Conferences are about frameworks and participation

Jeff Jarvis’ rant the other day about conferences strikes a chord for me as I’m involved in speaking at quite a few during the next few months (see the links in the left-hand column).

I’m hoping they do not have some of the characteristics of what I saw at one or two events I participated in during 2005, my experiences of which I can sum up by paraphrasing Jeff:

Too many conferences suck. They’re too expensive. They are filled with boring panels. They are all about speeches and not about conversation and argument and learning and meeting. They don’t capture the expertise of the crowd. They enrich the organizers at the cost of both the “talent” and the “audience” […] often, the problem is that the interests of those who make conferences work – the people who fill it – are not aligned with the interests of the money behind conferences – the organizers and sponsors.

That really does sum up far too many conference, the typical corporate-type event where I often wonder why people have bothered to gather together after forking out a fortune in attendance fees and travel costs when it seems to me that no one really is engaged, or even cares.

Yet the real dilemma as I see it is not only about conference organizers, vested interests and the other criticisms (valid ones, to be sure) that Jeff squarely levels. It’s also about the willingness of those involved – speakers/presenters and delegates – to actually engage.

I agree with nearly everything Jeff says about what the format or structure of a conference should ideally be – what Jeff calls the ‘unconference’ – where a prime responsibility of the event organizer is to create the most effective framework that facilitates or enables all the people there to make the most of the environment that’s been created for them. And this includes things like blogs, RSS and wifi as well.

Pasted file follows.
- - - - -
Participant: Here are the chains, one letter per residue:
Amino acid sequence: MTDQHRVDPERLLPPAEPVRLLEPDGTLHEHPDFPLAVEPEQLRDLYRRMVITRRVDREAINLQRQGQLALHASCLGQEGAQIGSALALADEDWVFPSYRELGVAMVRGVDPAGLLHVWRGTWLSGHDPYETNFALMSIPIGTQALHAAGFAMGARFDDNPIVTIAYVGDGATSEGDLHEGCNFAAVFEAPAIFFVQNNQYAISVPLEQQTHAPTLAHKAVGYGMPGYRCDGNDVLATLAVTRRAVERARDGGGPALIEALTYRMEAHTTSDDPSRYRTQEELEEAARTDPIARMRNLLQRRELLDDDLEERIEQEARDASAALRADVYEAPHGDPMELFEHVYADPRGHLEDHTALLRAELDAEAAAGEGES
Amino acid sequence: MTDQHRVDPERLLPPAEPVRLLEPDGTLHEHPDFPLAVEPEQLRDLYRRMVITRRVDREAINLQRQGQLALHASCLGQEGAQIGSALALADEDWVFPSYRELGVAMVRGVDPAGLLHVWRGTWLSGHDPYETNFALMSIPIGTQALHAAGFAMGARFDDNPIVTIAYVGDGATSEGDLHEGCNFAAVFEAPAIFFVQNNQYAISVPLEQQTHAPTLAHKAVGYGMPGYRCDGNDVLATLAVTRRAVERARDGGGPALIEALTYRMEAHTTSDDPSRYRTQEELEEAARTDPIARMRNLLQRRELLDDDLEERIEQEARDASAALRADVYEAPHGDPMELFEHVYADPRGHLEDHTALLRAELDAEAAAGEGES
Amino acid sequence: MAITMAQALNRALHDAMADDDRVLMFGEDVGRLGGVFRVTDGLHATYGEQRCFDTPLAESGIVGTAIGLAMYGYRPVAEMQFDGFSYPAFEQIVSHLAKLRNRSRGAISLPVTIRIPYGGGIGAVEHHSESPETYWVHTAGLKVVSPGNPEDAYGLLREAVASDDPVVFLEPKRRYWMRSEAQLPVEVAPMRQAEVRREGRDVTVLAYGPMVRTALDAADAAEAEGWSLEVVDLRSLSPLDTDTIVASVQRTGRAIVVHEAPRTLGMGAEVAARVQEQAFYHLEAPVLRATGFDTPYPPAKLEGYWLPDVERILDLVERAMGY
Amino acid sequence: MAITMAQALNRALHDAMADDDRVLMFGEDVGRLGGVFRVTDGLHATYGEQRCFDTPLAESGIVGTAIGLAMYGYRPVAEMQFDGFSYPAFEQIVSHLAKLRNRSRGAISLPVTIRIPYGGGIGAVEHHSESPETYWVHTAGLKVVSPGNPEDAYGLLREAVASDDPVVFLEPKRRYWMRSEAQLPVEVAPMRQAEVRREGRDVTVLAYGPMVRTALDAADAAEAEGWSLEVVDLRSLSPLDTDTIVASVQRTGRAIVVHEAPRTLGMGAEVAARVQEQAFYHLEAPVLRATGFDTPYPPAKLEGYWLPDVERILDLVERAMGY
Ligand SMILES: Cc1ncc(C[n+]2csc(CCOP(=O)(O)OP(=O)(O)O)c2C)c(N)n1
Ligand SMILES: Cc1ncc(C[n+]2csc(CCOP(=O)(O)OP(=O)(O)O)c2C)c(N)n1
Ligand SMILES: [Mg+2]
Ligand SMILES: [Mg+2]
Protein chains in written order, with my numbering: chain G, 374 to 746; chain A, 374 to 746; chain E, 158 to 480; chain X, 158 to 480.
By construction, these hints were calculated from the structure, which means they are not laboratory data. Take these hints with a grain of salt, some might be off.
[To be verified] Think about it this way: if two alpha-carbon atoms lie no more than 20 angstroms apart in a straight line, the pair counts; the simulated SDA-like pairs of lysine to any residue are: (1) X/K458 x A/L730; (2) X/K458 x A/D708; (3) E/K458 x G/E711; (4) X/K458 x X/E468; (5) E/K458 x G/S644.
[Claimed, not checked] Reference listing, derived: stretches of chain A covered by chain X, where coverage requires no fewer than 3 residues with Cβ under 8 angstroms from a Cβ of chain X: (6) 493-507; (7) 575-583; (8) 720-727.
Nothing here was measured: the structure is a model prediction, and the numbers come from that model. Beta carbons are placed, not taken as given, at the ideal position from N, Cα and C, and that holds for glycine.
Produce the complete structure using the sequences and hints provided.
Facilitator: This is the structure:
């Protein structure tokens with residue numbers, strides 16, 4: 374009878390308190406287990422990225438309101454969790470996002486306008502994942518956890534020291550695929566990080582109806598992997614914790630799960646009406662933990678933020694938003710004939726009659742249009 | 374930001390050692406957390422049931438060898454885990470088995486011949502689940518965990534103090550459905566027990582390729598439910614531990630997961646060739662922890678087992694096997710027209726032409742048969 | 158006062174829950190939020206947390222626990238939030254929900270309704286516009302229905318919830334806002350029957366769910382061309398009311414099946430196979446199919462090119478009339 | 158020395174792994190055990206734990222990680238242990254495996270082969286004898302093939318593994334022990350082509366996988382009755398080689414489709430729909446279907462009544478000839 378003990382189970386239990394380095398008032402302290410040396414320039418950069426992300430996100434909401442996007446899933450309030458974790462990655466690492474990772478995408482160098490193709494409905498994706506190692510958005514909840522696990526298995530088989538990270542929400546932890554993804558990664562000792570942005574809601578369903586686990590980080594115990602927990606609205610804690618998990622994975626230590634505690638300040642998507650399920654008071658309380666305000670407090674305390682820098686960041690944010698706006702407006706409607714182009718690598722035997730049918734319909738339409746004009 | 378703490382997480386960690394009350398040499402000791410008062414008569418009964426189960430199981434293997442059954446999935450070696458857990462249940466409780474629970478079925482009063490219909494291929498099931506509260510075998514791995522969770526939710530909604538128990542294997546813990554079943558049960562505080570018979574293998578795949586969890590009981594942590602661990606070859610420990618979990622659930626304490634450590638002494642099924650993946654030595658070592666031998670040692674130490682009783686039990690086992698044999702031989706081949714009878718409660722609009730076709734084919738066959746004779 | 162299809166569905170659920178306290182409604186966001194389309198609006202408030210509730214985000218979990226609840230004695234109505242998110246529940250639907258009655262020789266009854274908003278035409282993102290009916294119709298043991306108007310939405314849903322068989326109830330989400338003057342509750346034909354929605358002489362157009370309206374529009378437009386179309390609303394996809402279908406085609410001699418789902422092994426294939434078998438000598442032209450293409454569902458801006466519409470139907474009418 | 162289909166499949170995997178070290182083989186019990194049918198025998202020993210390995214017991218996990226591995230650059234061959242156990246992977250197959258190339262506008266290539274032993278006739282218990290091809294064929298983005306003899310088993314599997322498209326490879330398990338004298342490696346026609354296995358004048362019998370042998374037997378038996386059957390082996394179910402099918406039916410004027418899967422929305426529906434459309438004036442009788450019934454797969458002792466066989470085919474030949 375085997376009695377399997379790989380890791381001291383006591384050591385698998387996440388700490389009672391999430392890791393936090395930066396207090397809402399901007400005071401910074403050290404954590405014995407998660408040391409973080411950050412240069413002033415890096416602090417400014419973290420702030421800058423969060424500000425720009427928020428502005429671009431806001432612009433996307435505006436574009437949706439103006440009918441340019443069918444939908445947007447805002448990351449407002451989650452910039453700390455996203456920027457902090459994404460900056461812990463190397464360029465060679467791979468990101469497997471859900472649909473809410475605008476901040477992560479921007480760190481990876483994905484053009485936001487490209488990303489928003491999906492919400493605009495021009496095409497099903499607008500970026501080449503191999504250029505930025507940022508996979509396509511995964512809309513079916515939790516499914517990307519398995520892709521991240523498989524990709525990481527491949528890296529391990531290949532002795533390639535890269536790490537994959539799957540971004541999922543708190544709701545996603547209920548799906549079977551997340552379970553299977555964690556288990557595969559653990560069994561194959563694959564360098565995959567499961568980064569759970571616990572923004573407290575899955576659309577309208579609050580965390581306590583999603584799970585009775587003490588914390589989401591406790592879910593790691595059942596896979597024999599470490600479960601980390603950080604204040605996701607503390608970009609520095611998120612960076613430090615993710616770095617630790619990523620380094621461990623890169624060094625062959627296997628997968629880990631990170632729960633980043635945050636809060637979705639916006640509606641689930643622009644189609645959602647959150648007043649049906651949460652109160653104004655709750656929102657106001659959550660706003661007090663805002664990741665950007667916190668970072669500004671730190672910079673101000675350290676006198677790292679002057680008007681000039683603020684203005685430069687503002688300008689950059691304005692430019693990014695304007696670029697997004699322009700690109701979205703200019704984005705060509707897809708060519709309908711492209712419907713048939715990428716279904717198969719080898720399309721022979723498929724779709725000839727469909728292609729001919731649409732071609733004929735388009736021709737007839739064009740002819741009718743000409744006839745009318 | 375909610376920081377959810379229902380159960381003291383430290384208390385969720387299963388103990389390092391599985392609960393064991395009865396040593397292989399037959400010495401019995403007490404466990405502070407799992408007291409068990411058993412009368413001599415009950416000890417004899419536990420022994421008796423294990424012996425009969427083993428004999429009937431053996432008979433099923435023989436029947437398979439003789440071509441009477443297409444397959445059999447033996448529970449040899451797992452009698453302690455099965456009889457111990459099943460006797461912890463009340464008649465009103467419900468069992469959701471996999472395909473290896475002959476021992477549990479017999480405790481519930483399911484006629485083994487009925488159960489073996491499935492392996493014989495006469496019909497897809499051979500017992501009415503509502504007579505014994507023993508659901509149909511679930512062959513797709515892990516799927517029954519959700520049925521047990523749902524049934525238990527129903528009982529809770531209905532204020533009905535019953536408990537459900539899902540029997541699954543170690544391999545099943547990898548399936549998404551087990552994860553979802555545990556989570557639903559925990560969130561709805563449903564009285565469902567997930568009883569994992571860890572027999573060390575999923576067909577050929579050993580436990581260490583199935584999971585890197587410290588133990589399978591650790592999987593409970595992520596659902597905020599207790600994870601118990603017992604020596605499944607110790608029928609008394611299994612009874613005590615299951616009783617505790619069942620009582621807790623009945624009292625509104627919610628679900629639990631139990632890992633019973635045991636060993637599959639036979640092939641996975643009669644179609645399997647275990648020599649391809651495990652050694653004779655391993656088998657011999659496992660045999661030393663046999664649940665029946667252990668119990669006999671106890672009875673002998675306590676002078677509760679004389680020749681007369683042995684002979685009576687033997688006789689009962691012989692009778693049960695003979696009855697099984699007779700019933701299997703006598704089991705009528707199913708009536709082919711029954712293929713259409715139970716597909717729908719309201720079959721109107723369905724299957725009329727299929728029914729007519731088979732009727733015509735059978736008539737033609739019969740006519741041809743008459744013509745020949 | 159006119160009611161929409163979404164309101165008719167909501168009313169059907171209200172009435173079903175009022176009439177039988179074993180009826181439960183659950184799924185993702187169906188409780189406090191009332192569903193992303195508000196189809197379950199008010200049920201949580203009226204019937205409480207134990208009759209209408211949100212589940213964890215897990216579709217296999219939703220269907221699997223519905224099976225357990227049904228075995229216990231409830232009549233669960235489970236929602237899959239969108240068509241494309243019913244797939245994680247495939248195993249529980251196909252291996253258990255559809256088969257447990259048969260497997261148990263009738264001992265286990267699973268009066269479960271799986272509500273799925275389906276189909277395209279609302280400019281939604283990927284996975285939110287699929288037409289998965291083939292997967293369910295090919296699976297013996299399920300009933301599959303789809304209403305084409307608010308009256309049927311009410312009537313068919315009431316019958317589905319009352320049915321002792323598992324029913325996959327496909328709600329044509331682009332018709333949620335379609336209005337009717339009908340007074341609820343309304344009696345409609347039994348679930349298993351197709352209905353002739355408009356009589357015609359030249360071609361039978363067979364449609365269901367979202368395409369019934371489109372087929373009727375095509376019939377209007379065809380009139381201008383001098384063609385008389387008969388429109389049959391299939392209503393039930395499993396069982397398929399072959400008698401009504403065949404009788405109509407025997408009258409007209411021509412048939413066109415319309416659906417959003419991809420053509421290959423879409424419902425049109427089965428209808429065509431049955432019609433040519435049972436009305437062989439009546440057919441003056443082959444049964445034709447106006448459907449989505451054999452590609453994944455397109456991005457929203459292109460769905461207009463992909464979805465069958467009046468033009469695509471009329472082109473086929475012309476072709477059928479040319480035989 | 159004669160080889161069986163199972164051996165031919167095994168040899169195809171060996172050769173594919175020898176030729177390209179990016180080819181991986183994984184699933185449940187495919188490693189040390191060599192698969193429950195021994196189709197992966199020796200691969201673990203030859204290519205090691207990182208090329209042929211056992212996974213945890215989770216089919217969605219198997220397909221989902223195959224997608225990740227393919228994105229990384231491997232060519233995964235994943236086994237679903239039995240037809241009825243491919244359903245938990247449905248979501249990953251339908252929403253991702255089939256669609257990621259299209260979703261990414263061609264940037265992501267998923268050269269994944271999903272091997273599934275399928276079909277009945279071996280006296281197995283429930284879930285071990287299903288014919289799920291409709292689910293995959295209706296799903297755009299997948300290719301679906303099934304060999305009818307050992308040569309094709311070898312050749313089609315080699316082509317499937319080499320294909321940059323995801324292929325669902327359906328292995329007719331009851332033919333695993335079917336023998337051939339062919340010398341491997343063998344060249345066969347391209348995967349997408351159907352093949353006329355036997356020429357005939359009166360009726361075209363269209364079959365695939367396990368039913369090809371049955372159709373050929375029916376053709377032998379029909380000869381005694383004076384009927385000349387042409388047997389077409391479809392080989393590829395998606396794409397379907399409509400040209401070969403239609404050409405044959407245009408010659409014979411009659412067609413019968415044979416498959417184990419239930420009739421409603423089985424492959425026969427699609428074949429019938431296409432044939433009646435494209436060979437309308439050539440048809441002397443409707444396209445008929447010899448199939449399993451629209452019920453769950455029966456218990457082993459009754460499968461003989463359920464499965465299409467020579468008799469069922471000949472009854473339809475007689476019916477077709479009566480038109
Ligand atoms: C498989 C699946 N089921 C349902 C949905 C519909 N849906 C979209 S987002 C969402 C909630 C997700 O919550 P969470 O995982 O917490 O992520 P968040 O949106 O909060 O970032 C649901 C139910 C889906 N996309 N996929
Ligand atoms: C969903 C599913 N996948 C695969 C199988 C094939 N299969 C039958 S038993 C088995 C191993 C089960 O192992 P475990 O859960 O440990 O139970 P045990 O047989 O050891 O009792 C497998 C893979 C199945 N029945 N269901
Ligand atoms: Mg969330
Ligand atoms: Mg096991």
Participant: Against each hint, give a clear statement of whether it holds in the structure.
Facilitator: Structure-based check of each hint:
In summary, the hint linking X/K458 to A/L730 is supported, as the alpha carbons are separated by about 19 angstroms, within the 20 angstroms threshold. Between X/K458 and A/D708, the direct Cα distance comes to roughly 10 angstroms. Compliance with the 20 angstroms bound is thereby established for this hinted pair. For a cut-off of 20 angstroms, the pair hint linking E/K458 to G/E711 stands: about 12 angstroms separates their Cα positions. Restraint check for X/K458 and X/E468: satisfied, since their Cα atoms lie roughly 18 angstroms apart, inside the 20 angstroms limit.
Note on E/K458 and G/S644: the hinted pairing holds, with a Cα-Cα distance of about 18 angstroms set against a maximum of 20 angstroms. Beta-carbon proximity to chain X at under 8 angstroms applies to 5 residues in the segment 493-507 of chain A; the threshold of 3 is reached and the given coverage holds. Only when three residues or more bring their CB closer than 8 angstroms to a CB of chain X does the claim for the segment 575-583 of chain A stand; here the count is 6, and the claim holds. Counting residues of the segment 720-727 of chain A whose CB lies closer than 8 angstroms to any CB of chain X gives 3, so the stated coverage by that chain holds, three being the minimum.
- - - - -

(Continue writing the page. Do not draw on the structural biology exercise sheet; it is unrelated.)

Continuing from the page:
If that’s the organizer’s responsibility, then the speaker’s/presenter’s responsibility is to use that environment as his or her own framework to provide the means to stimulate engagement with the people who have showed up at the event. So that means things like no boring PowerPoints, no panels full of talking heads just having a nice little chat with each other, etc. You know the kind of thing I mean.

Instead, it means speakers and presenters who really do participate with their audience, making that audience an integral part of the session. In effect, everyone there is the panel or presentation where the (so-called) presenter or speaker is a conversation leader and focus former. Now there’s a convoluted label!.

Those attending have a responsibility, too – actively participate, not just sit there like glazed-eyed mute dummies where you can see the bodies are physically in the room but the minds are absent.

All of these things need to happen if any conference could be judged as even halfway successful. But I’m actually quite optimistic, at least about most of those events I’m involved in over the next few months as I can see many of the framework elements already being built by those who are doing the organizing.

And I’m pretty clear on my own responsibility.

4 thoughts on “Conferences are about frameworks and participation